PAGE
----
Another thing that may be a contributing factor about them having "soft mouths and loosing fish", what about using a too small of a hook?  Maybe a #4 size will be fine for 9' to 10" Koks, or hatchery raised rainbow, but it is my observance that above that size of a fish, a larger hook (like a #2 or even a #1) WILL hook and LAND considerably more fish.  If the hook is too small, it will not get good or deep enough penetration, (especially if you have corn or other bait on it, partly blocking the hook's throat) and it will pull out IF you allow them to fight on top of the water.  If they come to the surface a ways back, they probably do not like to be this near the warmer surface and/or partly out of water.  If they do, they put up a lot of resistance, it is best to drop your rod tip into the water as you reel in, this will decrease the high rod's upward leverage, forcing them back below the surface a bit and calming them.  I am inclined to not really believe these fish are that "Soft Mouthed", but that in the beginning of this fishery, most people used their existing stouter rods and HORSED the fish in, contributing to them tearing off when fighting near the boat.  From what I have seen, they fight very similar to Coho salmon.  Once this theory of  "Soft Mouthed" was implanted in people's brain, it is hard to change their thinking.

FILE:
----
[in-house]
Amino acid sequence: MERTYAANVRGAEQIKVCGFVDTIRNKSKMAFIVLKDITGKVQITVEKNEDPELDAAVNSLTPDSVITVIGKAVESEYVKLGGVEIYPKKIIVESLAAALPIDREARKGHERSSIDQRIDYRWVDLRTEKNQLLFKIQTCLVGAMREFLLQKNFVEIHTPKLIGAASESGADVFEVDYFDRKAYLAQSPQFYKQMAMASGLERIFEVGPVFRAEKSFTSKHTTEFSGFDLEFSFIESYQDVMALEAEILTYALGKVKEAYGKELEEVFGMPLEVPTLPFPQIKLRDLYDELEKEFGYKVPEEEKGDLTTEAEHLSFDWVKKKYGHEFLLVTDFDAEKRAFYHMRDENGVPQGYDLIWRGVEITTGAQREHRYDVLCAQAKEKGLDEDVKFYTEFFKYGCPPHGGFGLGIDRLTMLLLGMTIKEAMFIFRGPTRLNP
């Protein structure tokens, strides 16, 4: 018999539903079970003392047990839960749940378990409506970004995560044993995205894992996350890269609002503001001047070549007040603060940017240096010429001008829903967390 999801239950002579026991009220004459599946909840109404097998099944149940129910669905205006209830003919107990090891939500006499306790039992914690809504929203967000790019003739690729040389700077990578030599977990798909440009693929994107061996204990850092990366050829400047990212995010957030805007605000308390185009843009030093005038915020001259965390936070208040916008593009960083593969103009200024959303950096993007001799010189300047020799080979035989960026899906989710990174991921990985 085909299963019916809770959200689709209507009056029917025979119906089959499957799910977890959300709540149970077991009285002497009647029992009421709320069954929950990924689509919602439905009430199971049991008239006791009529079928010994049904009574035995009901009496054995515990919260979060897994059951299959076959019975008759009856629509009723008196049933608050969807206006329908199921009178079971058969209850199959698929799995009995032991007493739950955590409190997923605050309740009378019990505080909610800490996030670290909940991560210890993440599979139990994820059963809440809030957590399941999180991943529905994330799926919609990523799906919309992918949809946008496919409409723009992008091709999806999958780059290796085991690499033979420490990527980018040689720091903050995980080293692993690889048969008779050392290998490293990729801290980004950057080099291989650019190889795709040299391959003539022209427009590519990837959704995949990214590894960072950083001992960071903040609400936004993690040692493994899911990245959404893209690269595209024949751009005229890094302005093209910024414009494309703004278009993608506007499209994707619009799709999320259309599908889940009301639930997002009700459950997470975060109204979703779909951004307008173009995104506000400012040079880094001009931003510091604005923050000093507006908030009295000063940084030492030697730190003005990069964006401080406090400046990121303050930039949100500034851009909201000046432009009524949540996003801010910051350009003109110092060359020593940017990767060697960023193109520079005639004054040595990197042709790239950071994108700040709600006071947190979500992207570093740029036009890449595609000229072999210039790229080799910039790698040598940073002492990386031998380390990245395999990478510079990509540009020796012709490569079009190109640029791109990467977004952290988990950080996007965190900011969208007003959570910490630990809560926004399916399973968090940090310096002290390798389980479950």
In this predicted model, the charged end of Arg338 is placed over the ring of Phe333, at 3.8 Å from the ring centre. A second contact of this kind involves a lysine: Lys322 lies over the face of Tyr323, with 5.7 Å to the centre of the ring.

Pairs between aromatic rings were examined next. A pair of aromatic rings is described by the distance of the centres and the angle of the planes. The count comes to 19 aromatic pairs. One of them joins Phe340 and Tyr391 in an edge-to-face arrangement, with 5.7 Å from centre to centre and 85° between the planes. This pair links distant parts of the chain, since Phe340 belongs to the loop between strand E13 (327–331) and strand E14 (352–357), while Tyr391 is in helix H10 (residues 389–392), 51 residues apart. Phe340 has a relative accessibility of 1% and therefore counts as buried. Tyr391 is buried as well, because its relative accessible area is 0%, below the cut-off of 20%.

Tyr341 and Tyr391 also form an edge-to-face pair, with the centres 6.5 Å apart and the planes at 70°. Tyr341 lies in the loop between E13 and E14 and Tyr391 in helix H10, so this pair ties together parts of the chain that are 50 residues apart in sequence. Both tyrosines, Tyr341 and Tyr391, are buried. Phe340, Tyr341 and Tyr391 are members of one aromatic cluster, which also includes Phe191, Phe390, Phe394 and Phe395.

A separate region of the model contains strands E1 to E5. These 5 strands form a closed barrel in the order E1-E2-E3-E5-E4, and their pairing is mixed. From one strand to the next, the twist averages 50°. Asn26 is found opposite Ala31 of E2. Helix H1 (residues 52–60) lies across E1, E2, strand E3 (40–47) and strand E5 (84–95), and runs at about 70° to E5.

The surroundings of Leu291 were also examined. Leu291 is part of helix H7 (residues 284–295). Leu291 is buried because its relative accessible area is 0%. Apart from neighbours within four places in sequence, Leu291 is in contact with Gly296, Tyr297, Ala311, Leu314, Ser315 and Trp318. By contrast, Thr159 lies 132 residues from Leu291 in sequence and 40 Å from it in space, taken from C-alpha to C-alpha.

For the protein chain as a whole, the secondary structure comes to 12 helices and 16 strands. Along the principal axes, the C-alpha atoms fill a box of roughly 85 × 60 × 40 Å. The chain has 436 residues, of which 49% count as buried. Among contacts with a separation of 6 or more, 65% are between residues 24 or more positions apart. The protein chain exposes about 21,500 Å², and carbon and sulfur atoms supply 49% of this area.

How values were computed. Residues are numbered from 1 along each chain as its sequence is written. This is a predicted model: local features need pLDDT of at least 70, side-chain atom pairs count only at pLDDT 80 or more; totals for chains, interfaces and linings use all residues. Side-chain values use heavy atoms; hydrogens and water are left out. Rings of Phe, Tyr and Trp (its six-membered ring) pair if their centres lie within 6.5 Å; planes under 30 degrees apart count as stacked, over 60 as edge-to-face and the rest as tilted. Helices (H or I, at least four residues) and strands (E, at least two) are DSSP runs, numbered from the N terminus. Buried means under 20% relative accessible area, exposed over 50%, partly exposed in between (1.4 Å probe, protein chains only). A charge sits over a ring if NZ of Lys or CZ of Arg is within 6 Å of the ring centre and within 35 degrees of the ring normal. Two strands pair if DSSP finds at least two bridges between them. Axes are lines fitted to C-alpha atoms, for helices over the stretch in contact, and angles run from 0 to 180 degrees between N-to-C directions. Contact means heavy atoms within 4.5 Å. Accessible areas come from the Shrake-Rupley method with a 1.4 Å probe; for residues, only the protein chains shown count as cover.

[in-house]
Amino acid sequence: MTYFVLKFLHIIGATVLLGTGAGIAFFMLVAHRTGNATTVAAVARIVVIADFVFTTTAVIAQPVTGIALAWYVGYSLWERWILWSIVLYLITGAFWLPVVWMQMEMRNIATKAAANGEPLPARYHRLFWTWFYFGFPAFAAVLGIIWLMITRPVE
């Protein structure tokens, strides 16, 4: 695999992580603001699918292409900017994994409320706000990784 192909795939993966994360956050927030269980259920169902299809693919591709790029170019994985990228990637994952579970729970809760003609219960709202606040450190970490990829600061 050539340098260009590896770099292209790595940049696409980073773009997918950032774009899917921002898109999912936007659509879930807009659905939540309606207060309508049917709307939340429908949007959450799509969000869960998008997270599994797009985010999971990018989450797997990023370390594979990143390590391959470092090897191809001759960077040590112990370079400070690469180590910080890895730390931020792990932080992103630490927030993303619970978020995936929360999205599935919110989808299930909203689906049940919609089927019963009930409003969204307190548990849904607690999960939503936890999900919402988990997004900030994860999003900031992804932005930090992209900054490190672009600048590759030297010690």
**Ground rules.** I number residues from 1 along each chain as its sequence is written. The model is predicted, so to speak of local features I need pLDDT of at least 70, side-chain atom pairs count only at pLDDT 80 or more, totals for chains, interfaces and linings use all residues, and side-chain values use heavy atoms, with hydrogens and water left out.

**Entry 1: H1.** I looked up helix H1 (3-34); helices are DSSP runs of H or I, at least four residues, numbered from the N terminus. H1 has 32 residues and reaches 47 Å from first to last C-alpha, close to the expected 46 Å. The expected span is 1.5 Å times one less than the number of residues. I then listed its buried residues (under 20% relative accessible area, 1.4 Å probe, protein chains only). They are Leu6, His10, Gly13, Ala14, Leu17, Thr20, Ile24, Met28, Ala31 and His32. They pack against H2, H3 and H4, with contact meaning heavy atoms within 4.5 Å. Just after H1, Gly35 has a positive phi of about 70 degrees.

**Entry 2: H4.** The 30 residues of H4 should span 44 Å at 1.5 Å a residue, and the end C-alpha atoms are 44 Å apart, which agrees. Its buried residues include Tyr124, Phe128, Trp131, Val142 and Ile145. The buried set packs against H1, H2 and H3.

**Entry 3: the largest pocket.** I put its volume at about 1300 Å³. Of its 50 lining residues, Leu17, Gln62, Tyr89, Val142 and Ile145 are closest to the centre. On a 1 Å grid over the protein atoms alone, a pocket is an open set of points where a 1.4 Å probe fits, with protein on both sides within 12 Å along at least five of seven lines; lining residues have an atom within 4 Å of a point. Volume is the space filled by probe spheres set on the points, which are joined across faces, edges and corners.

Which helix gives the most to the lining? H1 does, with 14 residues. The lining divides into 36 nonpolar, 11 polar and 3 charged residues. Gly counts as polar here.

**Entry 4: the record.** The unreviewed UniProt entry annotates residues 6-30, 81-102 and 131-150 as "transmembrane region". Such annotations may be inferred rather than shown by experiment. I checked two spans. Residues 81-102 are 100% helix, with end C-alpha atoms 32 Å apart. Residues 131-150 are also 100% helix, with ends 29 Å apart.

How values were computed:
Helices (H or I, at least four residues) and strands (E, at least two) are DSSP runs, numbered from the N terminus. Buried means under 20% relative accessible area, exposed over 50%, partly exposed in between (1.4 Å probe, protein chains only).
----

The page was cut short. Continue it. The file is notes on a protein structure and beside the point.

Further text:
And if the soft mouth is true, then please tell me why on impoundments, where the limits are generous AND the fish size is smallish, why do you see fishermen not netting the fish, but lifting them into the boat using the lure's hooks.  It would seem to me that a fish's mouth strength would be proportional, no matter the size.   Unless they do not care it it tears off, (possibly injuring the fish), as they don't care and with lots of fish available, they will just hook another.